The publication showed 35 banks and building societies signed up to the scheme in the first two months, which accounts for over 80% of the stock of lending, supplying net lending of £0.5bn to UK households and businesses.
Paul Fisher, executive director for markets at the Bank, said he was confident that FLS would help the supply of credit.
He said: “The incentives in the scheme are for banks and building societies to cut lending rates and hence lend more to get the cheapest funding. Since the scheme was announced we have seen widespread falls in funding costs across different sources and an equally wide variety of lending rate reductions.”
However Fisher said it was too early to use these data as a reliable indication of the impact of the FLS on lending volumes.
In a statement the Bank said it would take time for reduced funding costs to feed through to lending volumes given the typical lags involved in the loan application, approval and drawdown process.
But Darren Sharma, chief executive of Frontline Analysts, disagreed that more time is needed to see the effects of FLS.
He said: “FLS is an elegant idea and may even have worked to a degree though Lloyds, Royal Bank of Scotland and Santander actually shrank their loan books during quarter three. The Bank suggests that more time is needed because applications and approvals for borrowers take time but they don’t take that much time these days.”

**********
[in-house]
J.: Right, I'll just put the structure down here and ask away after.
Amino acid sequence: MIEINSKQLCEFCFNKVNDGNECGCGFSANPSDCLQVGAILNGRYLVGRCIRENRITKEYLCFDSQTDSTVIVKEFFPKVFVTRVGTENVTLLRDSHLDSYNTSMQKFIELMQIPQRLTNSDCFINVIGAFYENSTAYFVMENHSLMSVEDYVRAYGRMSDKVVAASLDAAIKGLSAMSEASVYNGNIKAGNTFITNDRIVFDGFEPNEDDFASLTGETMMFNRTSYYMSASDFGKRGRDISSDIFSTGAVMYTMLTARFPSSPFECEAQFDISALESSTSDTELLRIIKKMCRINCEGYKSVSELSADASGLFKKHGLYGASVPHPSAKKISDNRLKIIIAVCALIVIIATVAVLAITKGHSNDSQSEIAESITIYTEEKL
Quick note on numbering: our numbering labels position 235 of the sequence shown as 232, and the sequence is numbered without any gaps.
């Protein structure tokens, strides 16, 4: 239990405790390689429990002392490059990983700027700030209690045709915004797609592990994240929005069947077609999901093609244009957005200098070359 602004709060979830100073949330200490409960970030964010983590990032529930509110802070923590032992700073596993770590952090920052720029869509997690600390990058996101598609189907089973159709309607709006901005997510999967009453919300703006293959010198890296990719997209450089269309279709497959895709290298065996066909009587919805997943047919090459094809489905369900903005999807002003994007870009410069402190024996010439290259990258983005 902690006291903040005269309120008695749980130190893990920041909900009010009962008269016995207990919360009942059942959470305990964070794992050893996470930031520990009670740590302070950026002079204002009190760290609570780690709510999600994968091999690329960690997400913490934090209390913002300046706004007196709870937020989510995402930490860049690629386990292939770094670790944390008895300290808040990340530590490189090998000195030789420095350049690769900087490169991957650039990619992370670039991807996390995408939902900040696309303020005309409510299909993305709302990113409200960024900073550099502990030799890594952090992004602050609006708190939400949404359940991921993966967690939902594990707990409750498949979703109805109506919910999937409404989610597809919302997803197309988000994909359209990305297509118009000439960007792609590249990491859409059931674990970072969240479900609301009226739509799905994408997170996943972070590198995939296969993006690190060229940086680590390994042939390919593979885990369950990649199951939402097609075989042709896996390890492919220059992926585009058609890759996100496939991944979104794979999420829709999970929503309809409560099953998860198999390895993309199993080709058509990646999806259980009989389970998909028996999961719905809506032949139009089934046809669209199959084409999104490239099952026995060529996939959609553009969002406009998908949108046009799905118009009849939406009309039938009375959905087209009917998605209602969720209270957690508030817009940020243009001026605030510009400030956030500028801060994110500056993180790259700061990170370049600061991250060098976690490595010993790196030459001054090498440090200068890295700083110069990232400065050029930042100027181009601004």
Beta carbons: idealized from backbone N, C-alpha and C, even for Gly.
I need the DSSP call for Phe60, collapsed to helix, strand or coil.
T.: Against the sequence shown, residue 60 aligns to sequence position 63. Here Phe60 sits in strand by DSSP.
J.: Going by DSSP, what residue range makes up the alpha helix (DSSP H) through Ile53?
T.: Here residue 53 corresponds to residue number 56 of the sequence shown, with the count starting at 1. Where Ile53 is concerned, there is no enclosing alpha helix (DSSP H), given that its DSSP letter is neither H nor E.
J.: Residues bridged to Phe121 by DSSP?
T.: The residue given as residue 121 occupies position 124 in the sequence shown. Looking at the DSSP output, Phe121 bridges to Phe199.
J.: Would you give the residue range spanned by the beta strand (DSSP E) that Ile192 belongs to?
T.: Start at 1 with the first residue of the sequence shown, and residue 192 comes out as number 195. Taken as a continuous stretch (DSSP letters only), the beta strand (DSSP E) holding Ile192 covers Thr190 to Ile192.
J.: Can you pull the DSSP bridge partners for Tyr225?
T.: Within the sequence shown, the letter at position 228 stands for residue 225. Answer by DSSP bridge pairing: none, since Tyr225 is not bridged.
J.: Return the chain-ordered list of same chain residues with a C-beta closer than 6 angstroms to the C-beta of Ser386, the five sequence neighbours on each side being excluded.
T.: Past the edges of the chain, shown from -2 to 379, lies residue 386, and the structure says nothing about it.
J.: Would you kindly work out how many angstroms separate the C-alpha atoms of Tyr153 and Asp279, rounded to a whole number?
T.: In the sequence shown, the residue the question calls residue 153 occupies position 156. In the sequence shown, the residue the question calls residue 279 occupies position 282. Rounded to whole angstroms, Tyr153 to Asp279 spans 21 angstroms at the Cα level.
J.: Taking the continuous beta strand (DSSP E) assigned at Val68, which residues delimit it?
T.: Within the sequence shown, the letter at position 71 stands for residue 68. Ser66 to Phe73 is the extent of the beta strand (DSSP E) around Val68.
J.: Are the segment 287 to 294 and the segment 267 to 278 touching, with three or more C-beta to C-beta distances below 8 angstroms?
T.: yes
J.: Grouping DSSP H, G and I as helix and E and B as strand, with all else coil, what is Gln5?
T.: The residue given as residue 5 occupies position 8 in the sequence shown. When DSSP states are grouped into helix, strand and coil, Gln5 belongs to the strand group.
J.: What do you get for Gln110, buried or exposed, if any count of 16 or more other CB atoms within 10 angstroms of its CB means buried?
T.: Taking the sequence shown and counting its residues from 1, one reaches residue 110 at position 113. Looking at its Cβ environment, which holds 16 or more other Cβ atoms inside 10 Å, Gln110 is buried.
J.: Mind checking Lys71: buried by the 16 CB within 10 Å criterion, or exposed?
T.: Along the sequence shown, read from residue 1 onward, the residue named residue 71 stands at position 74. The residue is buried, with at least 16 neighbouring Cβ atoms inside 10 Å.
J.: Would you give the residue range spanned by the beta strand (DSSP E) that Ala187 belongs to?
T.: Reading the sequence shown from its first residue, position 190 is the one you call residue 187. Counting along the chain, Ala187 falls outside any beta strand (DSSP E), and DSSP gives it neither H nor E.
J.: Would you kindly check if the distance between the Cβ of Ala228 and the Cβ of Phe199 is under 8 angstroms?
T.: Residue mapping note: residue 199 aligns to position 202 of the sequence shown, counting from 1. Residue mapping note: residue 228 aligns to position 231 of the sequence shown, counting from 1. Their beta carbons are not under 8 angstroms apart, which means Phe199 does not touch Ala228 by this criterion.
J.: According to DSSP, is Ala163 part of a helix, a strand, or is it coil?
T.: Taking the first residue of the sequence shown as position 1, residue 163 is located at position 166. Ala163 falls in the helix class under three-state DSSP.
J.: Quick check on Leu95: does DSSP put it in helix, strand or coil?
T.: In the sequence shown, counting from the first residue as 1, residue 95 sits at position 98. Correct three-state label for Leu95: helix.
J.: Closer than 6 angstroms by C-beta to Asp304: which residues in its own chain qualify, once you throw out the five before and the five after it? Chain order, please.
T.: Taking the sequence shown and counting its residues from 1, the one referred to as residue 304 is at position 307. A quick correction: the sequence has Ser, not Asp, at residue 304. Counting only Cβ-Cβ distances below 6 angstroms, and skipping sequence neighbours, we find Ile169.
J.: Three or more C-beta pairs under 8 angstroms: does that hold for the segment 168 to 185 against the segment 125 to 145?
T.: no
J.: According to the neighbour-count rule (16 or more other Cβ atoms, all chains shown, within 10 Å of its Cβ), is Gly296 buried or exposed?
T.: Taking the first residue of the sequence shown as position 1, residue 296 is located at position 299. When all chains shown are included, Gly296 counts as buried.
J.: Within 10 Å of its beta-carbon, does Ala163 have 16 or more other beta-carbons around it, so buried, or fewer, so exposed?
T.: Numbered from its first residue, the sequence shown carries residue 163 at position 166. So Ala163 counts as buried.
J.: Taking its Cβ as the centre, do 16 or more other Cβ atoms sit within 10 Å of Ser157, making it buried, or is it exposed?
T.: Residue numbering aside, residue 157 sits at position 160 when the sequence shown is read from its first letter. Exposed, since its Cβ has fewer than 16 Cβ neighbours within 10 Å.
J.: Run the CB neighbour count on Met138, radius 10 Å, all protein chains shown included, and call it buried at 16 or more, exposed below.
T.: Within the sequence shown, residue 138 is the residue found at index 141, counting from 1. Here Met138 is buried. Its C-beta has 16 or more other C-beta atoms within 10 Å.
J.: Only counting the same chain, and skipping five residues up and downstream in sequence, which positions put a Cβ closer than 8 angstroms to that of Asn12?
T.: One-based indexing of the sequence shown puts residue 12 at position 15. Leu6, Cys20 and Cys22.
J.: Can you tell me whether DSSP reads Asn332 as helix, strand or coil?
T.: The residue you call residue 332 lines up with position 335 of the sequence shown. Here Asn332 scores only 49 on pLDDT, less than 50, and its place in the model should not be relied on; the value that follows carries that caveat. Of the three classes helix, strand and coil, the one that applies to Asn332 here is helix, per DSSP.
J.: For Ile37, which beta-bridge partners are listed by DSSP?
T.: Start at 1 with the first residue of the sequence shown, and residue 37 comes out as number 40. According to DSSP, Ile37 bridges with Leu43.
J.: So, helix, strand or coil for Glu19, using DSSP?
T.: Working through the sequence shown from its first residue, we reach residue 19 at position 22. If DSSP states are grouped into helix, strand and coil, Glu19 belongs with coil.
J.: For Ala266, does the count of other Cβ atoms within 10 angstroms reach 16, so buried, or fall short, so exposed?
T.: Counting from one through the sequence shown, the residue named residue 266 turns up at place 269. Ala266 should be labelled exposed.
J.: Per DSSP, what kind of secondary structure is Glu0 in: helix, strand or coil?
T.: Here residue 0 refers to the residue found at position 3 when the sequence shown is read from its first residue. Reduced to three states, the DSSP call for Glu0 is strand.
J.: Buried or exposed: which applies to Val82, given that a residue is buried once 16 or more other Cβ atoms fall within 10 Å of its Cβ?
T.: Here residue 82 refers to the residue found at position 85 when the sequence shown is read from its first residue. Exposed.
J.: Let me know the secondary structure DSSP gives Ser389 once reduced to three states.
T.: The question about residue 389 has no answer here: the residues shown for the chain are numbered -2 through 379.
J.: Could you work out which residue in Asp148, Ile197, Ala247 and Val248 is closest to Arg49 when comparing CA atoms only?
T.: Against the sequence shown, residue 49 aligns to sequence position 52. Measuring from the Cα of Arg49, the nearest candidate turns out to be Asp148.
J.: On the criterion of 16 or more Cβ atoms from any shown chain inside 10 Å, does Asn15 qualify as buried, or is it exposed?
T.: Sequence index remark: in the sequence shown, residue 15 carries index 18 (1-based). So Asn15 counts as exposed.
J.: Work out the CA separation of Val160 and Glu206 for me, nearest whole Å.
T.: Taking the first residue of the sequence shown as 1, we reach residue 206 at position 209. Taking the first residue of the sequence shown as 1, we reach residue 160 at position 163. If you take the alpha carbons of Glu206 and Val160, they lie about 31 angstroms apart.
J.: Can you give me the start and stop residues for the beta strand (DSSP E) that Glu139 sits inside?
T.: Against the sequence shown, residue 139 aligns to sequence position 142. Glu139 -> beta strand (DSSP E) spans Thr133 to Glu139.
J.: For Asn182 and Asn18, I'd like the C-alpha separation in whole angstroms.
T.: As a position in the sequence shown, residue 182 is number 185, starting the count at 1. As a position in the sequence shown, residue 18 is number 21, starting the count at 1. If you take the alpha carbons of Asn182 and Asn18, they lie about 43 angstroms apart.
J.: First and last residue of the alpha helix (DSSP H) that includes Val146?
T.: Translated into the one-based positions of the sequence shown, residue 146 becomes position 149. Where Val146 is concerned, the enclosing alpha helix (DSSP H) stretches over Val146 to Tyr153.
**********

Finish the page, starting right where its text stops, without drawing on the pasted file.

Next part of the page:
And while Sharma believed FLS was a considerable improvement on Project Merlin, an agreement between the government and four of the leading high street banks which covered lending, he said it remained limited in what it was able to achieve.
Sharma added: “Carrying out funding for lending does not preclude other methods of getting funds to businesses and households. Vince Cable’s state bank idea has the potential to play a role in policy.
"My own view is that co-operative lending models could also be encouraged. These were the basis for small business borrowing in the Victorian era.”
Christopher Shaw, chief executive of the alternative finance provider Platform Black, said the scheme’s biggest impact has been to reduce bank’s funding costs but has done little to encourage them to lend.
He said: “Net lending increased by just £0.5bn in the quarter in which the scheme launched which is a fraction of the amount hoped for.
"And while interest rates on mortgage loans have fallen the Bank's figures show that the average rate charged on new corporate loans actually rose in October.”
Shaw added: "Total lending to business continues to fall. Clearly the Funding for Lending Scheme has done nothing to support business yet.”